How do you bolt a major development on to an existing historic small town while guaranteeing that local views are considered?
That’s the question being asked by a new group, called Cupar IF, that’s aiming to make sure local views are heard “loud and clear” if Persimmon go ahead with their long-mooted and controversial proposed Cupar North plans.
Local groups and interested individuals held a Zoom meeting on April 16 and agreed to set up the Cupar IF group.
Many groups were represented at this first meeting, including The Association of Businesses in Cupar and District (ABCD), CuparNow, Cupar Heritage, Sustainable Cupar, Fruit and Blossom (FAB) group, and Cupar Development Trust.
Bill Pagan of Cupar Development Trust says: “Cupar IF is neither in favour of nor against this development.
“Our twin aims are to help Persimmon make this their flagship example of how to bolt a major development on to an existing historic small town, and to guarantee that local views are considered in making Cupar a successful 21st century market town.”
Mr Pagan says CuparNow will be involved in the distribution of information to businesses, encourage more people to become involved in Cupar IF, and will facilitate consultation down the line.
Like Cupar IF, he says CuparNow expresses neither support for, nor opposition to, Cupar North being developed.
He adds: “Cupar IF is keen to involve more local people and organisations and would like to encourage interested parties to get in touch.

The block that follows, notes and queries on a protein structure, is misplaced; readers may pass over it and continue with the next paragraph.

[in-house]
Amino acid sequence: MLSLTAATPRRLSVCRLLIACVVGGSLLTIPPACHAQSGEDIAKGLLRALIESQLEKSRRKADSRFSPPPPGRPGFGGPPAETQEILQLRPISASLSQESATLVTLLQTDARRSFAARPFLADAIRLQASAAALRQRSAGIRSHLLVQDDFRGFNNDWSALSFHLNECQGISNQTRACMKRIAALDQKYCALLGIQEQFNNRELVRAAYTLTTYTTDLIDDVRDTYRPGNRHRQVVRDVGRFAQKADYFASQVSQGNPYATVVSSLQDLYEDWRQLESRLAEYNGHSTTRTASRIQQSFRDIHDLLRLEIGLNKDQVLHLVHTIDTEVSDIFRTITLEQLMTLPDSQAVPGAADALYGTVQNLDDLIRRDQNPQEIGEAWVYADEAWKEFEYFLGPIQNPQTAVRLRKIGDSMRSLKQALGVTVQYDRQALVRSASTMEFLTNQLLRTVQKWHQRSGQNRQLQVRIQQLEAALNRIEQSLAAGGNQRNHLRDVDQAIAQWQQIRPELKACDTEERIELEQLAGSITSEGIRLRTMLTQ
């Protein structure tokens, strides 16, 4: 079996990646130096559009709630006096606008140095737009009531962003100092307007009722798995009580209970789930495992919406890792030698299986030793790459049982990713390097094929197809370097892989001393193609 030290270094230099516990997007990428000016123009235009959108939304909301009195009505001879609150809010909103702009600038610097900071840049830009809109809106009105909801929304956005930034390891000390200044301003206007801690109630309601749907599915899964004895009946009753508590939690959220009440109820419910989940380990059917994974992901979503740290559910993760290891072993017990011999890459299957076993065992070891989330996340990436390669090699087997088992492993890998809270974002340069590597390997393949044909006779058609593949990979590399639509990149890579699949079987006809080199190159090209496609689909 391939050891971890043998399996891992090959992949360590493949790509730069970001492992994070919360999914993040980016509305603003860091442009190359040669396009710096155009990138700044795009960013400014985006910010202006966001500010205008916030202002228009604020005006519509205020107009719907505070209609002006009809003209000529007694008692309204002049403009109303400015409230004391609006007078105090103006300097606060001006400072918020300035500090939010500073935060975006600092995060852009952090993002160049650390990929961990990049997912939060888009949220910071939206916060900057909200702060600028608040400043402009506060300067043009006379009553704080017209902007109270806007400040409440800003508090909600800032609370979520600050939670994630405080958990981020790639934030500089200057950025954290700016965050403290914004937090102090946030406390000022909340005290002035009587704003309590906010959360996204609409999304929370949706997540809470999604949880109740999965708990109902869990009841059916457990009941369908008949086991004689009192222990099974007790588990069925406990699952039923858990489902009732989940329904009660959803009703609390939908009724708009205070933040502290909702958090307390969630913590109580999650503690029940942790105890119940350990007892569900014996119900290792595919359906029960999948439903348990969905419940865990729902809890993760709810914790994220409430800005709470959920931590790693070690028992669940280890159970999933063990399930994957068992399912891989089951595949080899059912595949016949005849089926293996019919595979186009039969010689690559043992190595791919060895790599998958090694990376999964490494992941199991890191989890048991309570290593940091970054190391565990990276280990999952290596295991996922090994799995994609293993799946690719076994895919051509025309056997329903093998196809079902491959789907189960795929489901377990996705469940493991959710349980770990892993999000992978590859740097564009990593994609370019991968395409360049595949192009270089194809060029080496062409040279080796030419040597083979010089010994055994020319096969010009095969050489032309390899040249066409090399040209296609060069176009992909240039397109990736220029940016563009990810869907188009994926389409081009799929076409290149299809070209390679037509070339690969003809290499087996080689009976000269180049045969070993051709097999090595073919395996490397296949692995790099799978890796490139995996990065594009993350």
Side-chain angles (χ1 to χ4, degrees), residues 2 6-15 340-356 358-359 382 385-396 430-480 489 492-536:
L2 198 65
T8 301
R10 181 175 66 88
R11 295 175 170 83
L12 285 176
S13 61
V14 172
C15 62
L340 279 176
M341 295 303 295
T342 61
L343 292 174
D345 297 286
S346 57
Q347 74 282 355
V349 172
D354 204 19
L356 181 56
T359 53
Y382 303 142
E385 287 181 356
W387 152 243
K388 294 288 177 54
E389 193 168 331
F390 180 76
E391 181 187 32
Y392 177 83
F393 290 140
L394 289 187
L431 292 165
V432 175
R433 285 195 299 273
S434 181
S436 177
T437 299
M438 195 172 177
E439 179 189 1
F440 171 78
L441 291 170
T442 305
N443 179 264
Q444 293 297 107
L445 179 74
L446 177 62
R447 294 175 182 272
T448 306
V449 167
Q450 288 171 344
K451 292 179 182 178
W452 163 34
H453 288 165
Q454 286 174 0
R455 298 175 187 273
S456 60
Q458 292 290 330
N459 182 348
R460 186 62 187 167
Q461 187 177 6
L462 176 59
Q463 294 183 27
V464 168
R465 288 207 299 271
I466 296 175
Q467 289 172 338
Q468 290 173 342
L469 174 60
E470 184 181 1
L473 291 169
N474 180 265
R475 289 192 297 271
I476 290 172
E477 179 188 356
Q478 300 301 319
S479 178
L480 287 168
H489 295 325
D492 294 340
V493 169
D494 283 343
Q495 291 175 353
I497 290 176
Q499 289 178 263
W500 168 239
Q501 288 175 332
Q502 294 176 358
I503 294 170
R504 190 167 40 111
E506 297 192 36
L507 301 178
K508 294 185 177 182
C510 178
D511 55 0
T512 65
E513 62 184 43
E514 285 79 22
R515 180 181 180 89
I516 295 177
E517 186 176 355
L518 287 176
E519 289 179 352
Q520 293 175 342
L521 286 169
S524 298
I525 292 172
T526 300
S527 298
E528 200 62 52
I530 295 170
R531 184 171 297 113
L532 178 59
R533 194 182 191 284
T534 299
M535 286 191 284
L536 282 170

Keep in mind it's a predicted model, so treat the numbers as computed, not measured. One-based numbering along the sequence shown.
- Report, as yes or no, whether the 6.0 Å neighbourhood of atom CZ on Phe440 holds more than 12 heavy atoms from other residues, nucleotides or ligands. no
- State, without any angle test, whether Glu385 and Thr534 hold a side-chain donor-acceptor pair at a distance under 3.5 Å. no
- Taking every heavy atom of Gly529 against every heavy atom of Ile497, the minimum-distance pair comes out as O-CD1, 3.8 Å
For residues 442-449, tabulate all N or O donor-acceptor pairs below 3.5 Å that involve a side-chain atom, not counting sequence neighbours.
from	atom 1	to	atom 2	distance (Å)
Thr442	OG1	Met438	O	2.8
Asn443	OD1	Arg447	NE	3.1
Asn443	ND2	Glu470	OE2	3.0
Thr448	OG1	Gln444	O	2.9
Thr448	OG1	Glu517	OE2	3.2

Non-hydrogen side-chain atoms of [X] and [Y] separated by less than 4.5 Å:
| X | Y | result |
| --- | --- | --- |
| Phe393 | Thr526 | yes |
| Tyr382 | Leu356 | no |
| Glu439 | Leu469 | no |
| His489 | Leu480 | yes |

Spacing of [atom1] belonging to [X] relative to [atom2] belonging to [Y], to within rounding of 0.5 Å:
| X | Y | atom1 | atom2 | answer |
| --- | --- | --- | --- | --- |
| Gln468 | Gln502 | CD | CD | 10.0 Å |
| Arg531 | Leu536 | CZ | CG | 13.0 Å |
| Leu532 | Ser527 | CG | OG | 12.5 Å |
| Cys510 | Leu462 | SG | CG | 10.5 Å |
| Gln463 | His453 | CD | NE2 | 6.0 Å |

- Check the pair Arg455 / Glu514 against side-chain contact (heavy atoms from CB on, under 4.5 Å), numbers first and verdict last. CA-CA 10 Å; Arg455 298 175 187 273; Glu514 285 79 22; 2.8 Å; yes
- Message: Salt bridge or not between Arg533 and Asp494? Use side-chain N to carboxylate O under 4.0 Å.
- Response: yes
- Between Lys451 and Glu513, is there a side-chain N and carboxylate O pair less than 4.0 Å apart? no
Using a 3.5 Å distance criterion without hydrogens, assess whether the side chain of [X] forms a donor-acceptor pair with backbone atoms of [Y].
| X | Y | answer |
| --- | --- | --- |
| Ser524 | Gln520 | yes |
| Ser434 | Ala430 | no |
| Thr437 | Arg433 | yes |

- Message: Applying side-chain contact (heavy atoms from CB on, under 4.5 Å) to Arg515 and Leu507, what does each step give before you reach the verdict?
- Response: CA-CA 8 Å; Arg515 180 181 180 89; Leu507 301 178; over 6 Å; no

“The Covid pandemic has encouraged local residents to look afresh at the town and the many opportunities it offers for walking and cycling.
“Cupar IF supports ‘active travel’, and the ‘20-minute town’, and hopes that the developers will extend these opportunities to the future residents of Cupar North, so that they have easy access to Cupar’s town centre, and feel engaged with the town – they will eventually form a substantial proportion of Cupar’s population.”
Opposition to plans
In March, Cupar Community Council was given an update on the proposals for 1400 homes by Euan McLaughlin, development planner at Persimmon.
Progression of the plans, mooted for decades, have stalled in recent years, but, in the meeting, Mr McLaughlin set out a new timetable and said they were to be “resurrected”.
While most of the comments after the update were positive, Cupar Community Council chair Gina Logan noted that, responding to two previous consultations, around 90% of Cupar residents said they were against the plans.
She also mentioned that more than 500 letters of objection had been submitted to the plans.
“I don’t know if Persimmon has been made aware of this,” she said, “but it is important that the views of the people of Cupar are taken into account,” she said.
Mr McLaughlin responded: “We’ll try and work with the community to create a better masterplan.”